Ray Richmond is contributing to Deadline’s Emmy coverage.
I’ve just learned that the TV Academy has 6 names on its list of ineligible producers for Emmy-nominated programs. (Not 7: one producer was bumped from two shows.) See my previous, EMMYS: Waiting For That Producer List… and EMMYS: Producer Credits Still Controversial.
Dexter‘s Michael C. Hall was disqualified from participation for a 2nd consecutive year for his Showtime hourlong’s Outstanding Drama Series nomination, but naturally his nomination for lead actor in a drama is unaffected. By contrast, CSI star William Petersen was included as part of the CBS series production team in 2002, 2003, and 2004 when the mothership hourlong was nominated for top drama. But Hall hasn’t been able to pull a similar trick.
Only one other producer in a non-executive position was ruled ineligible: Michael Novick, who brought the original script for Fox’s Glee to the attention of showrunner Ryan Murphy. Novick’s contributions to the show’s ongoing production were viewed as insufficient to qualify him as part of the show’s production team.
The other four are: Ian Jones and Alison Rayson for the PBS Masterpiece Contemporary entry Endgame; Susan Werbe for the History Channel project Moonshot; and Rebecca Eaton, named for both Endgame and the Masterpiece Classic two-parter Return to Cranford.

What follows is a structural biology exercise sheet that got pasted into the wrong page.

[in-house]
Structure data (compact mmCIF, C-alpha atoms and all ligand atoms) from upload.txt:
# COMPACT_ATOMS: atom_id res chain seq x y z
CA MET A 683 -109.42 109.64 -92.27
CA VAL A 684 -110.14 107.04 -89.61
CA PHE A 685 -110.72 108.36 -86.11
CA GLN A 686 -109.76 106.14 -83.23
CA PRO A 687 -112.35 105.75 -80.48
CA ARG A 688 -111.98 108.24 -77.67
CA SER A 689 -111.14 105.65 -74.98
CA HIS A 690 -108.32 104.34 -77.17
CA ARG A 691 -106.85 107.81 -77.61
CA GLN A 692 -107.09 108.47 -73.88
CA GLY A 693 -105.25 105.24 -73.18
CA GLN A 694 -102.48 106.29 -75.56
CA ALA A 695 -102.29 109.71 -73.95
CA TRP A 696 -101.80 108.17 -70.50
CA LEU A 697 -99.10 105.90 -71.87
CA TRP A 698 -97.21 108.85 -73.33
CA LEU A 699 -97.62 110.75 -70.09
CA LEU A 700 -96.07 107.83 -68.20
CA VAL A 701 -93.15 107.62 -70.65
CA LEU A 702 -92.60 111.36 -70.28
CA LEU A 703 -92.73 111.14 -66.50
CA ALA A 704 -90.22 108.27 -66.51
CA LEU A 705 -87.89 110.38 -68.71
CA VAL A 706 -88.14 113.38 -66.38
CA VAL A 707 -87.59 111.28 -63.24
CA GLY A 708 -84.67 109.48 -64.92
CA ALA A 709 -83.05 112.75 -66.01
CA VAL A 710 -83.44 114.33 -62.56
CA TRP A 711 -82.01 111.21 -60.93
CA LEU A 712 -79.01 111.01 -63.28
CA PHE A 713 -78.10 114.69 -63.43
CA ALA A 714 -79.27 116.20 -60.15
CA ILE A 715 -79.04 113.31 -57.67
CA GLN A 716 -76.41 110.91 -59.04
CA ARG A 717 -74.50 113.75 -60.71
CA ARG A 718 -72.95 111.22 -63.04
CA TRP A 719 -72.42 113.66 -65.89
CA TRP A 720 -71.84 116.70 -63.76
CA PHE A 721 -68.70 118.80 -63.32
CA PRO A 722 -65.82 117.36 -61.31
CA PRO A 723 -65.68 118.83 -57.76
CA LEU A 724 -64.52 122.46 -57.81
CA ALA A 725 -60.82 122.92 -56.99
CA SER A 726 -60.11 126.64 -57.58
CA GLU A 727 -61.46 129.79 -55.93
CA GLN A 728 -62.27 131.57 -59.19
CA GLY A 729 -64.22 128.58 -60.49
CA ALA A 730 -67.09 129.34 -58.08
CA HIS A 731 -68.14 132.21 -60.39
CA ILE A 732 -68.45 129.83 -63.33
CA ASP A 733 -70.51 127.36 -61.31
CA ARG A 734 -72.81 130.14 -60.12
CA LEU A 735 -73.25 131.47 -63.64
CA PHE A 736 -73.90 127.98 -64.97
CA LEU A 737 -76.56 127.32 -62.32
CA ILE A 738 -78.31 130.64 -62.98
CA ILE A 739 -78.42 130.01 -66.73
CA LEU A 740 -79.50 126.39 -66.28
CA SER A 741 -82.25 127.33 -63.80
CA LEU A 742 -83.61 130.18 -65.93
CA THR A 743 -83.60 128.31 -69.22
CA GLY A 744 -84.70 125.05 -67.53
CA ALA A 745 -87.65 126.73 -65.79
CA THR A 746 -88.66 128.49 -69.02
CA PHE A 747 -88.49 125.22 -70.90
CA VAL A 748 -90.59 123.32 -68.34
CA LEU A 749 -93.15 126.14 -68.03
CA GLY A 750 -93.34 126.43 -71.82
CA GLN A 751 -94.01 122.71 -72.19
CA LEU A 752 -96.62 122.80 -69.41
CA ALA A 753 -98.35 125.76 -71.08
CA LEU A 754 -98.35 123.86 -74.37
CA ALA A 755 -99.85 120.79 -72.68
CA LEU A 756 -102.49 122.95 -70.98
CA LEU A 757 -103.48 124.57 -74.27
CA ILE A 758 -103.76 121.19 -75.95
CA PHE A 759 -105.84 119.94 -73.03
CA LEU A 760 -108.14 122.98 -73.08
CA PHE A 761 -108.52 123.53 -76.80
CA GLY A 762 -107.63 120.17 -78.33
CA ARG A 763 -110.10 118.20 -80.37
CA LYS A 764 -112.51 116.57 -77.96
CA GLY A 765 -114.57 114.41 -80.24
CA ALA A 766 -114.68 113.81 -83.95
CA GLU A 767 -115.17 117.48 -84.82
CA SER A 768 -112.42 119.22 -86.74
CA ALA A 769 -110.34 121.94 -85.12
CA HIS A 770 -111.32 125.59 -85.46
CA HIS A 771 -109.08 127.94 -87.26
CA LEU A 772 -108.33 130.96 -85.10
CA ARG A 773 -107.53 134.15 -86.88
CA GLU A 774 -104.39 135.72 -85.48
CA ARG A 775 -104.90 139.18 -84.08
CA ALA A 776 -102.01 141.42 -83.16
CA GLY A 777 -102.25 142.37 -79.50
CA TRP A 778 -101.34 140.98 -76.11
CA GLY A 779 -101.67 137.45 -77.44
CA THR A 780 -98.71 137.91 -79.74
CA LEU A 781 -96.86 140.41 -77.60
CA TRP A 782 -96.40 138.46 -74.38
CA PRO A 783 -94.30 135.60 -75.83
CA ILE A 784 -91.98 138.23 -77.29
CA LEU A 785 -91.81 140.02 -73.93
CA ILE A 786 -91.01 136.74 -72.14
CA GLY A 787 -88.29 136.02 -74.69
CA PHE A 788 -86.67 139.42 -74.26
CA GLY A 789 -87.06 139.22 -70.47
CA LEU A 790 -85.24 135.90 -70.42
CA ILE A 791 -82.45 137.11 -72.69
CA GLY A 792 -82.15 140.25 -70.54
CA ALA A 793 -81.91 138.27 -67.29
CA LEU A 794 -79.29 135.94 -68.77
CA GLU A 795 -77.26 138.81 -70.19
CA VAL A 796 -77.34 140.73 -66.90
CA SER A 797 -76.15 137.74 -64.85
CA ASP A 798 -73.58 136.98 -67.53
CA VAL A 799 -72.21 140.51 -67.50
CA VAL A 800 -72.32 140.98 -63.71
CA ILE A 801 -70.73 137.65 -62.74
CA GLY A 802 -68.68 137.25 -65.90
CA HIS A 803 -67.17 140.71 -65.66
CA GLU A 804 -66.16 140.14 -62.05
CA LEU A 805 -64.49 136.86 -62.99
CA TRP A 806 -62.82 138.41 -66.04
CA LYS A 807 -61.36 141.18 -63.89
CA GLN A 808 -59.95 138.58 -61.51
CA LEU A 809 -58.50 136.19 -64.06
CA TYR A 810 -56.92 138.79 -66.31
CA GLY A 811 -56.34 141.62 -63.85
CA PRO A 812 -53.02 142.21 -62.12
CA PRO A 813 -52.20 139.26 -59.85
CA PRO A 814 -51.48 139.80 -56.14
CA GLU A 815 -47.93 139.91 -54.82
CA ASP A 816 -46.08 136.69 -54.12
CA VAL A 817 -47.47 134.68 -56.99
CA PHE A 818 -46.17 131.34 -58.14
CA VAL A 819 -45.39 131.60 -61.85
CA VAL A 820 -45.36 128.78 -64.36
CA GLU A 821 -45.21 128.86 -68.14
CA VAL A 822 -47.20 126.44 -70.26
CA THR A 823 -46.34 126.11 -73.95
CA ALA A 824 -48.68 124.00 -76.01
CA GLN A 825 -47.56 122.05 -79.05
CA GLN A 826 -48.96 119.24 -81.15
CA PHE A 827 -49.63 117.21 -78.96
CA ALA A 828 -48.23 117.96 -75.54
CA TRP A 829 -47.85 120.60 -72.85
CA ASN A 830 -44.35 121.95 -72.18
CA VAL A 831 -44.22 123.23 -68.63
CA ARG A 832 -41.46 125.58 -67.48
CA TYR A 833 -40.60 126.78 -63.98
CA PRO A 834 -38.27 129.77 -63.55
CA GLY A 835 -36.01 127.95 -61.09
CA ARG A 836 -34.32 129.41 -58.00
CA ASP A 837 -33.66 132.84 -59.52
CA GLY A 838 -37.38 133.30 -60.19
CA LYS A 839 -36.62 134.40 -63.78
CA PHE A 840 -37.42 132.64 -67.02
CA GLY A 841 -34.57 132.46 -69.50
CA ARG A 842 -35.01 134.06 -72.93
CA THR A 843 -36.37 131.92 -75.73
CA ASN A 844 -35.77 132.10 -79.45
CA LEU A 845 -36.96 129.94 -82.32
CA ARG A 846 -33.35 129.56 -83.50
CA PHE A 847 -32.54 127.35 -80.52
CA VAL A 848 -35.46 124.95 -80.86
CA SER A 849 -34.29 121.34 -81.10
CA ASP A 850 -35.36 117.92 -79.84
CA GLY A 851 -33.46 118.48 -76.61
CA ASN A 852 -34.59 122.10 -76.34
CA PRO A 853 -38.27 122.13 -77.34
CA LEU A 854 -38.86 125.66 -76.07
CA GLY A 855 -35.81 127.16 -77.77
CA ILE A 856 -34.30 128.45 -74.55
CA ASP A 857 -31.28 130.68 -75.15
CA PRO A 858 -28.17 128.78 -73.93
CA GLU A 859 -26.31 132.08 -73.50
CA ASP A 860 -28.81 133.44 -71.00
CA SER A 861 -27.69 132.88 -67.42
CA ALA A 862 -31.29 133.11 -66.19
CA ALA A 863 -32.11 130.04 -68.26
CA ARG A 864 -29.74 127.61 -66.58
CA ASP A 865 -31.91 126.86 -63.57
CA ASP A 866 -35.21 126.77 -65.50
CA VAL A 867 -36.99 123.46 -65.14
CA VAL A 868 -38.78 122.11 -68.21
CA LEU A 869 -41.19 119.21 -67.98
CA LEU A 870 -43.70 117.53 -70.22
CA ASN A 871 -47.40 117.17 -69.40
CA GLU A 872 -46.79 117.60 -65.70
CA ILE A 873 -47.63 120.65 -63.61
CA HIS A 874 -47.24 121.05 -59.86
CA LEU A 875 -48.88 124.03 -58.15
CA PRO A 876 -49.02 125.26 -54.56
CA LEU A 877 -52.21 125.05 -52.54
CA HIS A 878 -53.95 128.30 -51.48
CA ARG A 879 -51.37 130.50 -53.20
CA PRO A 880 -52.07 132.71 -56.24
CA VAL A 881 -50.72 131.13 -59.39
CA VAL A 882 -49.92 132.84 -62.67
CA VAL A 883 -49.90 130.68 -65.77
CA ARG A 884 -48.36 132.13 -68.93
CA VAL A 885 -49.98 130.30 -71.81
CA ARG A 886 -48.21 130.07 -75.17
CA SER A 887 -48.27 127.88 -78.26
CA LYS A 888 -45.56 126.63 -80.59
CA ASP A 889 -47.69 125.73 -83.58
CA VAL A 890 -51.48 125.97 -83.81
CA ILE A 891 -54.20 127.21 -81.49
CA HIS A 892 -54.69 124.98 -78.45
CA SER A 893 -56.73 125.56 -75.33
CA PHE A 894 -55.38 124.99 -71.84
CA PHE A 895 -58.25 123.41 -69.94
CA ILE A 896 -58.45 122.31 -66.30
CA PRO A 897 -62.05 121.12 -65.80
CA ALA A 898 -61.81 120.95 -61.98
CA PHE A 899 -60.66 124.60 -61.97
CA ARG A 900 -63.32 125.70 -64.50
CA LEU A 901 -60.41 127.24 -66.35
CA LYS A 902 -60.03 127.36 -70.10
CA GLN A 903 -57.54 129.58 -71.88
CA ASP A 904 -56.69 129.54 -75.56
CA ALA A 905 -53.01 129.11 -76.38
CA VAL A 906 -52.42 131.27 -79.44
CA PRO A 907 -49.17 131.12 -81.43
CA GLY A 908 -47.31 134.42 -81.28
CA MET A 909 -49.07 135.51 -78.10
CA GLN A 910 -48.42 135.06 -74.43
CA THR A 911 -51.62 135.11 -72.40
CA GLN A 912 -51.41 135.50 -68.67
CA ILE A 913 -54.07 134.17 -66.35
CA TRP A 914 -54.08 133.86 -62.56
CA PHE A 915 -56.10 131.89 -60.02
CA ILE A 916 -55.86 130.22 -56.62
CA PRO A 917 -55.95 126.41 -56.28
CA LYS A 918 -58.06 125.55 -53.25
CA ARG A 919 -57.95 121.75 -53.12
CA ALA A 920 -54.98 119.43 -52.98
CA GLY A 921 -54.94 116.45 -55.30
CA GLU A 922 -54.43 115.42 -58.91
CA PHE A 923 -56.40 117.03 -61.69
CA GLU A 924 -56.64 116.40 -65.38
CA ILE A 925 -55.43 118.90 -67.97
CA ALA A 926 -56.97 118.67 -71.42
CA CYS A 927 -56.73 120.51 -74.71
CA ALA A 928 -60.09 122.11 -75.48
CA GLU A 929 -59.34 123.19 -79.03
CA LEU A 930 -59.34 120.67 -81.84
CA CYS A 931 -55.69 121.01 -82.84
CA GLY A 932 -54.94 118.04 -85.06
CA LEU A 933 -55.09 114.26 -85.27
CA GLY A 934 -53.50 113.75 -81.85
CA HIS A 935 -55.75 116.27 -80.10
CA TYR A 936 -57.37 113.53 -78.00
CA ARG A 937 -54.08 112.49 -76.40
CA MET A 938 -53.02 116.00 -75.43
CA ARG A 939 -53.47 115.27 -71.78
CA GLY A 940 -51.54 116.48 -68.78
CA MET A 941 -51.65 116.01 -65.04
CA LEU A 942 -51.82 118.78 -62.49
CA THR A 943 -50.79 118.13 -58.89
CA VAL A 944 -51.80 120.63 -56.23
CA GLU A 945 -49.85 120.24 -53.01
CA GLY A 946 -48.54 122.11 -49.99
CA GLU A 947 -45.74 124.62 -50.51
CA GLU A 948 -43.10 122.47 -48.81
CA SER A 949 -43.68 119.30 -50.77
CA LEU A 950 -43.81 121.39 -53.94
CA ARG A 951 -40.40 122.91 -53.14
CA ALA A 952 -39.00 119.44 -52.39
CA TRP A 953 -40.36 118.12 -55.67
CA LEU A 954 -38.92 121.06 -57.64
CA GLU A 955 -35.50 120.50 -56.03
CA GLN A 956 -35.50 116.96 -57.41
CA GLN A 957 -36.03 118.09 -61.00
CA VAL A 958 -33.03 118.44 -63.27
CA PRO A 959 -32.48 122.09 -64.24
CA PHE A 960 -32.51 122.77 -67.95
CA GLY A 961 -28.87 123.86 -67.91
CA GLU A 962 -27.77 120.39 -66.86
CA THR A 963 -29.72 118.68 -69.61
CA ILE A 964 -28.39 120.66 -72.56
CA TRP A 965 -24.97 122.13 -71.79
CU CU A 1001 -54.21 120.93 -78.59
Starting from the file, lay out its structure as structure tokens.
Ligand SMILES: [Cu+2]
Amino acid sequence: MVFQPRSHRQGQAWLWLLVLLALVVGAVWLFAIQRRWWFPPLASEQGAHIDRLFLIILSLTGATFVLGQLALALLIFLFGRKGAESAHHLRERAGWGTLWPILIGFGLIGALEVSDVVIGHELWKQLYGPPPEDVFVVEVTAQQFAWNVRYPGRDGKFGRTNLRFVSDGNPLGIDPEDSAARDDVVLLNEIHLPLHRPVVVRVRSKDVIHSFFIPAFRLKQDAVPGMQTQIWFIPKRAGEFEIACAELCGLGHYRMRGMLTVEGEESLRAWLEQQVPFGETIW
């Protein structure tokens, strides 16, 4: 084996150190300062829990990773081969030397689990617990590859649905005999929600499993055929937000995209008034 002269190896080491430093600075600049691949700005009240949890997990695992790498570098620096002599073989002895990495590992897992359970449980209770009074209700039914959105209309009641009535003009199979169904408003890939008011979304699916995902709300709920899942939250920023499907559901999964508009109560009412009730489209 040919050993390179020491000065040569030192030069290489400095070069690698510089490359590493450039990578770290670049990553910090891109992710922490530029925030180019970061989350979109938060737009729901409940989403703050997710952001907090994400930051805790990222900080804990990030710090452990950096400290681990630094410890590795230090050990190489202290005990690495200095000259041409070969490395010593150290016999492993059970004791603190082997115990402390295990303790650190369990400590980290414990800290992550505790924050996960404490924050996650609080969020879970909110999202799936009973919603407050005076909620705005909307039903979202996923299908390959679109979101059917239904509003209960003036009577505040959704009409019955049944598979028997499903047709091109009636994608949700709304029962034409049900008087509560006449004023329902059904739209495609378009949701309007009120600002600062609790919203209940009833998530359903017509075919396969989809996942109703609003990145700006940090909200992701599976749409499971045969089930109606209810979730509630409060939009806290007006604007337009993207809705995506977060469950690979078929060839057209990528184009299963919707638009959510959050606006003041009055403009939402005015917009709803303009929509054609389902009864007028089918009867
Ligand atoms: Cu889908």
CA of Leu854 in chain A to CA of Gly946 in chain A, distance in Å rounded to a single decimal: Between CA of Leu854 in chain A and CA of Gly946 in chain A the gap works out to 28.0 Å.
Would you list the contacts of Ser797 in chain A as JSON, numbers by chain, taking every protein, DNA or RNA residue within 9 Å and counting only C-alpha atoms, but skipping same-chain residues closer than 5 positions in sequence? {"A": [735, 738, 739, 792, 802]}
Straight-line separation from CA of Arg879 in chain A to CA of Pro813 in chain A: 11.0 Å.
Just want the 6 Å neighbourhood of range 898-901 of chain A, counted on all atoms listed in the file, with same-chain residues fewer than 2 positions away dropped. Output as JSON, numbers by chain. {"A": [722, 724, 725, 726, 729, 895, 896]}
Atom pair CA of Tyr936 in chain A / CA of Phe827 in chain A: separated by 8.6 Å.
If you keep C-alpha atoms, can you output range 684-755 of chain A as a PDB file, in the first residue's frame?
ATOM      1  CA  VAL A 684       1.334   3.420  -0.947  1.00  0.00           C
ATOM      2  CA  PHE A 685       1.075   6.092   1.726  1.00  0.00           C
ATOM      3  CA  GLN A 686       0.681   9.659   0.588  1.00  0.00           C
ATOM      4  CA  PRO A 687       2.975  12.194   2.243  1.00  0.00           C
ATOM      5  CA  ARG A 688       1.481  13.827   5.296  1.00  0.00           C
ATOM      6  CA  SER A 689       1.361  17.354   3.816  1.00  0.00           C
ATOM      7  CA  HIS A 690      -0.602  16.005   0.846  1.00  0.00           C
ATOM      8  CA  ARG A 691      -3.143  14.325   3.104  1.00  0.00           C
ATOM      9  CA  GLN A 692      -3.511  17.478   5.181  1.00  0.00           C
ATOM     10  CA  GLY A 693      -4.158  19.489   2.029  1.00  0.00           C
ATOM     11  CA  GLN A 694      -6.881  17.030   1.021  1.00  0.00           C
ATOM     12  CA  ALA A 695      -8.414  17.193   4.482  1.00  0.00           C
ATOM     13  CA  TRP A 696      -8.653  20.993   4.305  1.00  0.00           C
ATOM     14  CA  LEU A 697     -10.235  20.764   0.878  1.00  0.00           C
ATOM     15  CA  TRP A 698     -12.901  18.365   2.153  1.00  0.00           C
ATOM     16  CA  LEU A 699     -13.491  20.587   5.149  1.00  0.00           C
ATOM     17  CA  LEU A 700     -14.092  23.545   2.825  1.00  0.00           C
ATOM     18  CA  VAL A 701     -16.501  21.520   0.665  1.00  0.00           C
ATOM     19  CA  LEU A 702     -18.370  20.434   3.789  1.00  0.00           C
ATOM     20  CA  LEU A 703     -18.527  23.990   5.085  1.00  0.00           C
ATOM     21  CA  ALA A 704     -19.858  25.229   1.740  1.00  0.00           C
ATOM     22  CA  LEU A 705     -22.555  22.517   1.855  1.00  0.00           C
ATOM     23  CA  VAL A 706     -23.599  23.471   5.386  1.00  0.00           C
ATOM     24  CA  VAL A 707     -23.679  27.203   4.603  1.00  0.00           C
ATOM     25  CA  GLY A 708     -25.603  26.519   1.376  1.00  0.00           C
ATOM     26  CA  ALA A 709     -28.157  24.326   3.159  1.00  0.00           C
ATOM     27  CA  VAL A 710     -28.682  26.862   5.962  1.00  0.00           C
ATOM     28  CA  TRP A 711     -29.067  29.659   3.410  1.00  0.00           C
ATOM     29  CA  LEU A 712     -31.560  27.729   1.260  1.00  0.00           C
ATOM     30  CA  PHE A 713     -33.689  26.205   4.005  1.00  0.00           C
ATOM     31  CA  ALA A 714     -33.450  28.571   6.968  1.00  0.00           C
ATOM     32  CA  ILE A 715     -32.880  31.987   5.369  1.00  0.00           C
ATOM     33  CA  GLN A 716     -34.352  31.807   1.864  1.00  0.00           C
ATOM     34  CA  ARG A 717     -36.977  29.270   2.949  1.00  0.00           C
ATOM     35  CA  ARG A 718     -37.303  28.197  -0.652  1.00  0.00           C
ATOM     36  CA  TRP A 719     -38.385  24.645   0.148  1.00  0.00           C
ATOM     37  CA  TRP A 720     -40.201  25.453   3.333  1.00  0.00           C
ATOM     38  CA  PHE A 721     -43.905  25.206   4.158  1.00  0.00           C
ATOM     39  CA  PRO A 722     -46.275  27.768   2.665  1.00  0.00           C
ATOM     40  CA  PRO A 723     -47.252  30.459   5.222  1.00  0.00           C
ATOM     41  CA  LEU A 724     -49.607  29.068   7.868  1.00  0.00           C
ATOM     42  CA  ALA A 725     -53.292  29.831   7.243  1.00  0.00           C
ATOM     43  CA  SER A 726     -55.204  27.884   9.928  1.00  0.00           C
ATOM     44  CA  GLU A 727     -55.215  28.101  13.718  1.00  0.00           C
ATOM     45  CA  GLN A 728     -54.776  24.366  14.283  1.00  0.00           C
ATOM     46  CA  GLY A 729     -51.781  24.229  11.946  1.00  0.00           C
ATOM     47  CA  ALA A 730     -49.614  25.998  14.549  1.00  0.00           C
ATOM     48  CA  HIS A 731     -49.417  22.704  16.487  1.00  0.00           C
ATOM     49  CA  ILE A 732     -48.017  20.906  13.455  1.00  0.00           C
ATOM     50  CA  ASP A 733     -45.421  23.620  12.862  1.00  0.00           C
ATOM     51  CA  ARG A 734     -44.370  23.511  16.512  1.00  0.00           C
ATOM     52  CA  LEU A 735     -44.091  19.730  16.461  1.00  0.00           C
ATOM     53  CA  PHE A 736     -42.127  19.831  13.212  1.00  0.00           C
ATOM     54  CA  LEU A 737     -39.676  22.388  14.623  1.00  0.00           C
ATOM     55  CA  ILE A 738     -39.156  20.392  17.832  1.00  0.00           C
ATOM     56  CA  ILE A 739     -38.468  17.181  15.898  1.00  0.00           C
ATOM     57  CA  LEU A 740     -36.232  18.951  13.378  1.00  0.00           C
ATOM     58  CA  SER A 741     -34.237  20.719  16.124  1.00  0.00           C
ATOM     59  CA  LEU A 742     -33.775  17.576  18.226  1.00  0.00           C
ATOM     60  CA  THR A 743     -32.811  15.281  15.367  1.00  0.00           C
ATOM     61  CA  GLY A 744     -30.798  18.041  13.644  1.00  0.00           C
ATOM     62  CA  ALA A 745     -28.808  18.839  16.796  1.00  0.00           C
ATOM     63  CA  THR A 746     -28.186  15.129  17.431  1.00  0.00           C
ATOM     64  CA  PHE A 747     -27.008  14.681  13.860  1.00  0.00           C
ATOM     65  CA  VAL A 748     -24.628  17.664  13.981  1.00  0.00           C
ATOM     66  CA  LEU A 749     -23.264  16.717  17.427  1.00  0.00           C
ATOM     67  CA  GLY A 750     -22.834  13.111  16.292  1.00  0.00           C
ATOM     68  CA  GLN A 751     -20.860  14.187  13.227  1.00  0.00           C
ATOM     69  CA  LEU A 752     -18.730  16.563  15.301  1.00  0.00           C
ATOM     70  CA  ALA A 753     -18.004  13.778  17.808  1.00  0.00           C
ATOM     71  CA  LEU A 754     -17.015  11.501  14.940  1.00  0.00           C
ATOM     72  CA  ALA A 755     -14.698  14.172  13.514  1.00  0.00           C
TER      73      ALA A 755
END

Some 223 producers passed muster.
After the controversy that erupted in past years, not a single writer-producer is on the bumped list this time, which John Leverence, senior VP of awards at the Television Academy Of Arts & Sciences, ascribed to a new agreement embraced between showrunners and the awards committee. “There is now an understanding that what goes on in terms of the internal structure of a show is best reported to us by the showrunner as to confirming that there is a significant and substantive contribution on the part of individual producers in the vetting process,” he told me.